In a difficult economic environment, we look for retailer Family Dollar Stores (FDO; recent stock price, $25) to increase sales to its predominantly lower-income customers by expanding its assortment of daily necessities, including refrigerated and shelf-stable foods, and by improving product quality.
We also expect Family Dollar to benefit from higher-income customers trading down to lower-priced basic goods. In addition, we note easier same-store sales (sales results for stores open more than 13 months) comparisons for the company over the next few quarters and expect to see a lift in average customer transaction value, a same-store sales driver, from Family Dollar's planned acceptance of credit cards in about half of its stores this holiday season.
By providing customers with compelling values and shopping convenience while aggressively managing its cost structure, we expect the company to maintain its historical record of stable sales and earnings growth, which is reflected in its S&P Quality Ranking of A+. From fiscal 2005 (August) through fiscal 2008, earnings per share increased at a compound annual growth rate (CAGR) of 8%. We project 7% EPS growth in fiscal 2009 and a forward three-year CAGR of 12%. We look for the company to generate sufficient free cash flow to fund its operations, growth initiatives, and dividend program.Prices Range from $1 to $10
The stock carries Standard & Poor's highest investment recommendation of 5 STARS (strong buy).
Based in North Carolina, Family Dollar operates a chain of over 6,500 retail discount stores in 44 states. The company describes its typical customer as a woman in her mid-40s who is the head of her household and has an annual income of under $30,000. Family Dollar stores are operated on a no-frills, self-service basis, and carry an assortment of consumables such as snacks and food, household chemicals, paper products, health and beauty aids, and pet food and supplies; home products, including blankets, housewares and home decor; family apparel and accessories; and seasonal merchandise and electronics.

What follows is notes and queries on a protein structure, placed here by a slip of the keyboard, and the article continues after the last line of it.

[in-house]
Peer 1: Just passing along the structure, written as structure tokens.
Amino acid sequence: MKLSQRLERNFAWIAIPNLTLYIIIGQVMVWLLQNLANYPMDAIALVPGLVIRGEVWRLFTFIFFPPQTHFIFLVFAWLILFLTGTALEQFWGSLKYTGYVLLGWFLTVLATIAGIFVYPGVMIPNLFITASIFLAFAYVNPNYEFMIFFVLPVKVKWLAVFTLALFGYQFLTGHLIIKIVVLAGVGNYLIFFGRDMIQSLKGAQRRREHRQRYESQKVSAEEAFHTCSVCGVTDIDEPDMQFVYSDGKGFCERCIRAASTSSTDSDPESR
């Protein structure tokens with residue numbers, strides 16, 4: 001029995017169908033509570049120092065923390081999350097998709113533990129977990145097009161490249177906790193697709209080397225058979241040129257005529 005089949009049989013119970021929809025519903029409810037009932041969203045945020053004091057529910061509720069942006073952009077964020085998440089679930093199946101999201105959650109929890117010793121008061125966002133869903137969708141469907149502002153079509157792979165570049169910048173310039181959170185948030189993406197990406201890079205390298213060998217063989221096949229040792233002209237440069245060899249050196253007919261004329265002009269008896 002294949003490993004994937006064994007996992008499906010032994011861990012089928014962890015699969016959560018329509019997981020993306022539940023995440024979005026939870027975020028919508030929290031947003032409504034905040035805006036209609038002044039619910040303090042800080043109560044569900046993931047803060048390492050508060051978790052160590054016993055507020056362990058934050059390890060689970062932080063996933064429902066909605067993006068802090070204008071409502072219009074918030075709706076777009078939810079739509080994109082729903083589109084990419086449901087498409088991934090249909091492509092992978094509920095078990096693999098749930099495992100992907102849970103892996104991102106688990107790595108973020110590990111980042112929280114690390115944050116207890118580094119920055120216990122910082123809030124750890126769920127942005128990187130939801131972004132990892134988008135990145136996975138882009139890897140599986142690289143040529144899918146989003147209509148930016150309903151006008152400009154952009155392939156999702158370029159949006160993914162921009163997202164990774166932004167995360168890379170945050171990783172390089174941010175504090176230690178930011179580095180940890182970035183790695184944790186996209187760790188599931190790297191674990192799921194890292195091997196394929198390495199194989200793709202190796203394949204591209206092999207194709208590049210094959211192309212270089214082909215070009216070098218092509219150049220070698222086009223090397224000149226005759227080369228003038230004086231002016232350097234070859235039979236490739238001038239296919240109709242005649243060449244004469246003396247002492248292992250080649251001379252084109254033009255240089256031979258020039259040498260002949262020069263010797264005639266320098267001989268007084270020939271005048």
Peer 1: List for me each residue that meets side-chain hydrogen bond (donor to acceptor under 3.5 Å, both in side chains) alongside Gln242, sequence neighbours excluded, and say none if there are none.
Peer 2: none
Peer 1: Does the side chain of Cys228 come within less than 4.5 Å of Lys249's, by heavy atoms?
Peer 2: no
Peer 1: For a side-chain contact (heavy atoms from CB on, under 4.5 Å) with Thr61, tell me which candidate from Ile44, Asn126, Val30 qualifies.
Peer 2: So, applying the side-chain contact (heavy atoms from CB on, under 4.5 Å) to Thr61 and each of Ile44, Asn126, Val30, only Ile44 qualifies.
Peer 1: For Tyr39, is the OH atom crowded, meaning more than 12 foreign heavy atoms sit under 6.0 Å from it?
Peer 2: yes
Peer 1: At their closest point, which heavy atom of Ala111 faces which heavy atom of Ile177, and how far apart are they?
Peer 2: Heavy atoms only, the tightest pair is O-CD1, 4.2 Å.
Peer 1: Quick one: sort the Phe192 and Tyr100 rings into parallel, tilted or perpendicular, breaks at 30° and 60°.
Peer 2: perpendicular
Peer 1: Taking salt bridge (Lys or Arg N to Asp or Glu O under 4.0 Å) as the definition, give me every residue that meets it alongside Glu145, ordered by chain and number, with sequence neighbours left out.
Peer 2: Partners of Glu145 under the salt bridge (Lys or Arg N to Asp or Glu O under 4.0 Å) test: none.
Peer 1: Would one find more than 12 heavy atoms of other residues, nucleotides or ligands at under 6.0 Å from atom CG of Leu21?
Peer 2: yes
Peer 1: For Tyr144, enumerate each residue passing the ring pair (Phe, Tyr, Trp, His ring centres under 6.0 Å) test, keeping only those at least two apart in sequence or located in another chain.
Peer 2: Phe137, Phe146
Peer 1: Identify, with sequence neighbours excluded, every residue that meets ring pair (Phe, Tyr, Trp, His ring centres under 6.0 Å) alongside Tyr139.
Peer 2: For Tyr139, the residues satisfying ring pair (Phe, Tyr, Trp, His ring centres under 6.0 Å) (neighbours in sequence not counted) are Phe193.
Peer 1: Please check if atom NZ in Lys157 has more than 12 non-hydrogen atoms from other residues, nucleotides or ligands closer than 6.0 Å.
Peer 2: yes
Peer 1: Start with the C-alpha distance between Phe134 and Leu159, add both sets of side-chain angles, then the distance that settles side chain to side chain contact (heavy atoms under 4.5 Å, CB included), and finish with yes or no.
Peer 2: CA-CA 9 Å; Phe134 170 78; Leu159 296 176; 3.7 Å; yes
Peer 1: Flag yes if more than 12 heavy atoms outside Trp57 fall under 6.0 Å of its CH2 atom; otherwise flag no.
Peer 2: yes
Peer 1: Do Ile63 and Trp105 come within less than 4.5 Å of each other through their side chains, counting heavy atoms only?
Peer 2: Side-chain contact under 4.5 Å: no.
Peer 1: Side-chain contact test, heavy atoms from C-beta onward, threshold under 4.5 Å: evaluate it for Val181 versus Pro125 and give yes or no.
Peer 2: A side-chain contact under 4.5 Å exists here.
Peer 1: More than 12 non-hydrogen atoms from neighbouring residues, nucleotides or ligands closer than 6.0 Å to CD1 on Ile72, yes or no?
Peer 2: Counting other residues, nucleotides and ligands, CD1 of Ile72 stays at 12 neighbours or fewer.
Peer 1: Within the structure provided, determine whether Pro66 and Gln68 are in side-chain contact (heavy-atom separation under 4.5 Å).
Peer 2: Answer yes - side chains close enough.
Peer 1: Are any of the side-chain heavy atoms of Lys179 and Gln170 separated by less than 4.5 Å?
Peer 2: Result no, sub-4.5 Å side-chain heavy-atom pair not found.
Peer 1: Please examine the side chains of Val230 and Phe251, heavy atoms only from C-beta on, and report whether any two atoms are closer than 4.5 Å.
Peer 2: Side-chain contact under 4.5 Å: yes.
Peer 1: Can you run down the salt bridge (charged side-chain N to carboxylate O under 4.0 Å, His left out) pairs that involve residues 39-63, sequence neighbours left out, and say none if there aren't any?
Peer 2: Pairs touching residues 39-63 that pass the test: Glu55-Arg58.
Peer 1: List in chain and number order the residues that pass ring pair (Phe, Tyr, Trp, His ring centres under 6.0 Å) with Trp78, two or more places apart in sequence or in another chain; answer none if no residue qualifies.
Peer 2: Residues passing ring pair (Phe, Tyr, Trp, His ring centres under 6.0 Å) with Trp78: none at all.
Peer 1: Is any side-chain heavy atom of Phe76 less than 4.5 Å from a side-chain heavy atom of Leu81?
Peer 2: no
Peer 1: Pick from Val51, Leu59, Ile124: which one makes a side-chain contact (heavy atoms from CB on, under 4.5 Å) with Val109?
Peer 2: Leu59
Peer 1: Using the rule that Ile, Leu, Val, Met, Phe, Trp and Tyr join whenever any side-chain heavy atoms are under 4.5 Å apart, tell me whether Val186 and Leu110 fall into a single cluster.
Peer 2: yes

Unlike some dollar stores that are constrained by a maximum $1 price point, prices in Family Dollar stores range from under $1 up to $10. The once cash-only stores now accept PIN-based debit card payments in most locations. Food stamp and credit-card acceptance is also being rolled out. Family Dollar expects to accept credit cards in about half its stores this holiday season. In our view, broader tender options offer the company an opportunity to improve its share of customer spending as shopping is more convenient and available cash does not limit basket size.Increasing Its Marketing
Store inventory is made up of both regularly available merchandise, which provides consistency in product offerings, and a frequently changing selection of brands and products that Family Dollar acquires through closeouts and manufacturer overruns at discounted wholesale prices. Low product costs and store overhead enable the company to sell its value-priced merchandise profitably.
Family Dollar's primary growth drivers are same-store sales and chain expansion. In fiscal 2008, same-store sales rose 1.2%, reflecting an increase in average customer transaction value and flat customer traffic, as measured by the company in number of register transactions. By quarter, same-store sales were down 1.0% in the first quarter, flat in the second quarter, up 0.1% in the third quarter, and up 5.6% in the fourth quarter. In our opinion, customers are spending more due to an expanded assortment of consumables and "treasure hunt" items that add an element of excitement and interest to the shopping experience. Family Dollar has also increased its marketing efforts to emphasize the value and shopping convenience it offers.